These days it feels like the relationship between pop music and the ‘alternative’ art rock has never been closer. If in the past college and indie rock acts made a point of differentiating themselves from the mainstream, contemporary artists have a more nuanced relationship to the charts, and pop’s own history. From Hype Williams’s twisted re-working of Drake, to Oneohtrix Point Never’s similarly ghostly interpretation of Fleetwood Mac (among others), bands today have a more inclusive – dare I say, post-modern – approach to chart tracks past and present. Instead of adopting a position of critique, these acts have a more fragmentary approach – selecting different elements to use, using some and discarding others. So in Oneohtrix’s compositions, individual lyrics are cut and looped; taken out of context even Chris de Burgh seems seriously beautiful. You can see the same process in Ariel Pink’s early records, sounding literally like some strange Eighties radio-recording, all disjointed riffs and cut-up harmonies.
It’s unlikely that there’d be any open kinship between these bands and Belong. Hailing from New Orleans, the two-piece act recorded their first record, October Language, some seven years ago. In between came Hurricane Katrina, delaying a proposed follow-up; in the meantime Belong’s music shifted from Tim Hecker-esque drone landscapes into something altogether different. Common Era comes on the heels of a covers EP of pysch-pop songs (including two Syd Barrett numbers) - re-workings that took the elemental strangeness of the original tracks as the starting point for a sonic overhaul, layering delay and reverb to re-shape the whole song as an otherworldly sound-scape.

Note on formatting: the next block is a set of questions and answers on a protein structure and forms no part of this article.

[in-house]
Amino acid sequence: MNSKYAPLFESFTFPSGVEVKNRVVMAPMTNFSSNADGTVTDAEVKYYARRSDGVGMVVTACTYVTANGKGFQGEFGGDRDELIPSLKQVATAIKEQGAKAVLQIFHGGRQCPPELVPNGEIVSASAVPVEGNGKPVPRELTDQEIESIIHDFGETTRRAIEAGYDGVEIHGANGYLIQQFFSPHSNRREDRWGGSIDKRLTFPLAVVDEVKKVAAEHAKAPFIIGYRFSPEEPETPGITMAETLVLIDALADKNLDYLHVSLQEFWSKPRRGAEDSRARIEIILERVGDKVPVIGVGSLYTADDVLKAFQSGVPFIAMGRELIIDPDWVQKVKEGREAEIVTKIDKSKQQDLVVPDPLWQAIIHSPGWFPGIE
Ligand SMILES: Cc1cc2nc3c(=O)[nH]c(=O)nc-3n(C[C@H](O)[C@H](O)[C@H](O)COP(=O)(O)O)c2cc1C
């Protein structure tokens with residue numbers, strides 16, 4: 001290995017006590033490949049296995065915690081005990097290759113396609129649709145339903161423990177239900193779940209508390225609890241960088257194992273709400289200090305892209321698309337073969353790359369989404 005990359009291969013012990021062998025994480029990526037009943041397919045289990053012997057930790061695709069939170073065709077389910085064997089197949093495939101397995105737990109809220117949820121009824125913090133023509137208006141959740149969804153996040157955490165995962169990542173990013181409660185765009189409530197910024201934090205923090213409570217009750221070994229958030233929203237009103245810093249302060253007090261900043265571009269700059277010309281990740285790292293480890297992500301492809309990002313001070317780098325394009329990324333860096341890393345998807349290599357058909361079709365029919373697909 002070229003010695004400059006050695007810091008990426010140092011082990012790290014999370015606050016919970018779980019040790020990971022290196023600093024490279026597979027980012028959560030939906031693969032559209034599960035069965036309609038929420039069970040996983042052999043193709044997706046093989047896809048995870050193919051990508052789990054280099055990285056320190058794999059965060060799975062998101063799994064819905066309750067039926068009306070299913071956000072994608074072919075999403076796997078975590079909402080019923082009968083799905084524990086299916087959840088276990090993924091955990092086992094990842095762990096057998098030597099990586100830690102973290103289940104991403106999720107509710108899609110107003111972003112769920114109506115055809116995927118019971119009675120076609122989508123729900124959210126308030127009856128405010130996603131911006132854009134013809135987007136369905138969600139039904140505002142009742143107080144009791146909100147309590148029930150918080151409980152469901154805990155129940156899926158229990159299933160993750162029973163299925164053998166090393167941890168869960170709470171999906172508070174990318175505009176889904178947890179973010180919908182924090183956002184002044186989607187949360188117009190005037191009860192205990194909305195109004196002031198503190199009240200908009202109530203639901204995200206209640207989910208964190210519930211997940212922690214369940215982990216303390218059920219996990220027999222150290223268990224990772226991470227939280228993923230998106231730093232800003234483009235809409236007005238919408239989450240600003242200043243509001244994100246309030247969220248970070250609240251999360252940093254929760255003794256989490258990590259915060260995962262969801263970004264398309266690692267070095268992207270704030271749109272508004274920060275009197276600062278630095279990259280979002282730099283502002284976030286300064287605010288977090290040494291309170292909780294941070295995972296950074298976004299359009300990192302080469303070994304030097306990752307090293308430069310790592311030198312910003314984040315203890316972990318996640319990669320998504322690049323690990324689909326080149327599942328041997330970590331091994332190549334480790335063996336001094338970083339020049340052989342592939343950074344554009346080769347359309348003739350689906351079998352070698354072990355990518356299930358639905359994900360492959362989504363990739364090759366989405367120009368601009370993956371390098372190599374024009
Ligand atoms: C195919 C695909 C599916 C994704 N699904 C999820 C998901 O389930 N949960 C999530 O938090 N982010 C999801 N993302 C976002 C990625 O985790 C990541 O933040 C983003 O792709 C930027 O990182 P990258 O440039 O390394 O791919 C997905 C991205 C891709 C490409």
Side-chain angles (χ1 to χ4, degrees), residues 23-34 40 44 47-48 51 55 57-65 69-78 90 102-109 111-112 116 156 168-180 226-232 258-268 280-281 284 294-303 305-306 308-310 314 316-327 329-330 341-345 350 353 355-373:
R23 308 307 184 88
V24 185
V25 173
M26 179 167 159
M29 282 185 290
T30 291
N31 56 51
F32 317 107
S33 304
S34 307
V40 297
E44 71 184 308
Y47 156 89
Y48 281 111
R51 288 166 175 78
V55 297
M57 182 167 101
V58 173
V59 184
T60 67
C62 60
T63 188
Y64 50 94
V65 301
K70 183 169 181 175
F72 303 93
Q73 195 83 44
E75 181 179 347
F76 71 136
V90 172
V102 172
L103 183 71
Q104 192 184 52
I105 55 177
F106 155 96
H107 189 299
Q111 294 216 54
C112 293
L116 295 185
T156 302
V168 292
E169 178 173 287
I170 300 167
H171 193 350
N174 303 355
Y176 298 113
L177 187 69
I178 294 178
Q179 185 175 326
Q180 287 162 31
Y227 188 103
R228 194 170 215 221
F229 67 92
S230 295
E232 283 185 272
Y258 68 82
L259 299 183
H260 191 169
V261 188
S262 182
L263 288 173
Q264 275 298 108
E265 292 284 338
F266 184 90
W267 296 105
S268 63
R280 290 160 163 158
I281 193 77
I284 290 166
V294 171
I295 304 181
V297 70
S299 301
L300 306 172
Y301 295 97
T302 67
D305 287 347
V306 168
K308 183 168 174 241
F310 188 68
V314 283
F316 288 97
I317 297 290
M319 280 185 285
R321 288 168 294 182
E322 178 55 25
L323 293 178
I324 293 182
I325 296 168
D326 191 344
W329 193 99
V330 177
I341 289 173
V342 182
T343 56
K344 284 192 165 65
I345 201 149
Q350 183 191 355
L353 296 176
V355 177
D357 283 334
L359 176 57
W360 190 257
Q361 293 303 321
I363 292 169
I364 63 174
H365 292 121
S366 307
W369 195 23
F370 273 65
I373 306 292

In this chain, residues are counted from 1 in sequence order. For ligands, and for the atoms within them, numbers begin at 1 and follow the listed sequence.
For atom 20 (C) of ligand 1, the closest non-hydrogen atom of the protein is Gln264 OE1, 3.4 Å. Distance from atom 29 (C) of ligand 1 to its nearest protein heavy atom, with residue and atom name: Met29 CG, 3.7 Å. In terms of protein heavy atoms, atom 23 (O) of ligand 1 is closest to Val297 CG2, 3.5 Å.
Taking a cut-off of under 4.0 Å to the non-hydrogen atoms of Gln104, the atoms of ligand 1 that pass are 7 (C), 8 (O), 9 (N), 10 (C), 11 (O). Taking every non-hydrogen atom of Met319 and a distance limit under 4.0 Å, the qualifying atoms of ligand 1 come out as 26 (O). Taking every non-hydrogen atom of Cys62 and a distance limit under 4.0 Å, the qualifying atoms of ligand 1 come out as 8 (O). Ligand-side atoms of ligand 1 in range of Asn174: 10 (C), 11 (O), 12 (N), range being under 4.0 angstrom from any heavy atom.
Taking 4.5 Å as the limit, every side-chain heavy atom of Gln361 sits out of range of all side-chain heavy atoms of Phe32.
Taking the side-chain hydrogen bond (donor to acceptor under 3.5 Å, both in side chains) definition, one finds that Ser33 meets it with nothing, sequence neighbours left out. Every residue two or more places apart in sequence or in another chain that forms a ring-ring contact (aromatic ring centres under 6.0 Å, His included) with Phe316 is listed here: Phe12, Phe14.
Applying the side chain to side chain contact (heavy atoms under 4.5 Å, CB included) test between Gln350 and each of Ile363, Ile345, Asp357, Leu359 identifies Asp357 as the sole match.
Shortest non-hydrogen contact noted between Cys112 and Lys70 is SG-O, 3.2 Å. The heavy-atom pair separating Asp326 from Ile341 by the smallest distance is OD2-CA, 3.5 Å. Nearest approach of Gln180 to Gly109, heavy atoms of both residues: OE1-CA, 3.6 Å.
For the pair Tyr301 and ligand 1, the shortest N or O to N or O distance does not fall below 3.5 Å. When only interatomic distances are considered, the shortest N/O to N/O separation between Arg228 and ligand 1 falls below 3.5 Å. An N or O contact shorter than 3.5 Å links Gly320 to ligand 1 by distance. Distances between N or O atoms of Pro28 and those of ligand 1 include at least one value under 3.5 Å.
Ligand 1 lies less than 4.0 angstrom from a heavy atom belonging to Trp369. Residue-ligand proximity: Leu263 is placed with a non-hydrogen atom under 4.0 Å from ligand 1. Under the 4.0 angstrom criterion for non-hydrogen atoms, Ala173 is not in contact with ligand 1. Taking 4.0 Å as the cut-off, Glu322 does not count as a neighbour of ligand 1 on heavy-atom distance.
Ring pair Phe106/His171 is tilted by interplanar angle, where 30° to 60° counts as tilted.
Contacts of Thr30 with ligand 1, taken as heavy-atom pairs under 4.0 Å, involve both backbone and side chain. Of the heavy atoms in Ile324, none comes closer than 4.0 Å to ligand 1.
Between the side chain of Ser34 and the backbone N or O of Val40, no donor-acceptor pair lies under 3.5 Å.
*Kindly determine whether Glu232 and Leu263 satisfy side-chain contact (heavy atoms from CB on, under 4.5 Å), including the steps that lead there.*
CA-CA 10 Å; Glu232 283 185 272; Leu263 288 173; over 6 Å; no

Indeed, just as acts like Hype Williams or oOoOO turn the latent melancholy of modern pop music into an aesthetic, so on Common Era Belong have turned the inherent moodiness of Eighties post-punk and new wave artists into an art-form in itself. ‘Perfect Life’, with its echoic, pounding drums sounds like nothing so much as an even more glacial ‘She’s Lost Control’, the vocals subsumed under a tide of delay, hidden deep in the mix. Common Era offers a feeling distilled over an album, the sense of otherness that acts like Joy Division or Syd Barret explored stretched over an entire glacial landscape.
‘A Walk’ similarly layers sighing vocals over a stubbornly repetitive beat, synths humming quietly in the background, while ‘Never Came Close’ sounds like a wonderfully austere, washed-out version of the darker moments of The Cure. That’s not to say the album is all gloom - ‘Make Me Return’ ends with subtle layered harmonies that lift the track out of the murky sonics. Elsewhere the band stick with straight-out ambient drone: ‘Keep Still’ is a Grouper-esque wall of melancholy vocals and wall-of-sound instrumentation, and album closer ‘Very Careful’ sinks the drums to a vaguely discernable background patter underneath crackling, lo-fi keys.
Common Era is an undoubtedly beautiful record, one that delves unflinchingly into the sense of alienation in Eighties new wave, blending it with an ambient sensibility that makes for compelling listening, driving closer to the spirit of the era than faceless pretenders like Editors could ever get. Still, it’s a difficult record - by diluting the vocals you feel that the band deny their songs the personal element that made Robert Smith or Ian Curtis’s work so engaging. When Oneohtrix filter Eighties pop through their prism it feels like an act of re-appropriation – personalising the previously impersonal. Here Belong have depersonalised an already stark landscape, making a record that’s easy to admire but hard to love.
7Sam Lewis's Score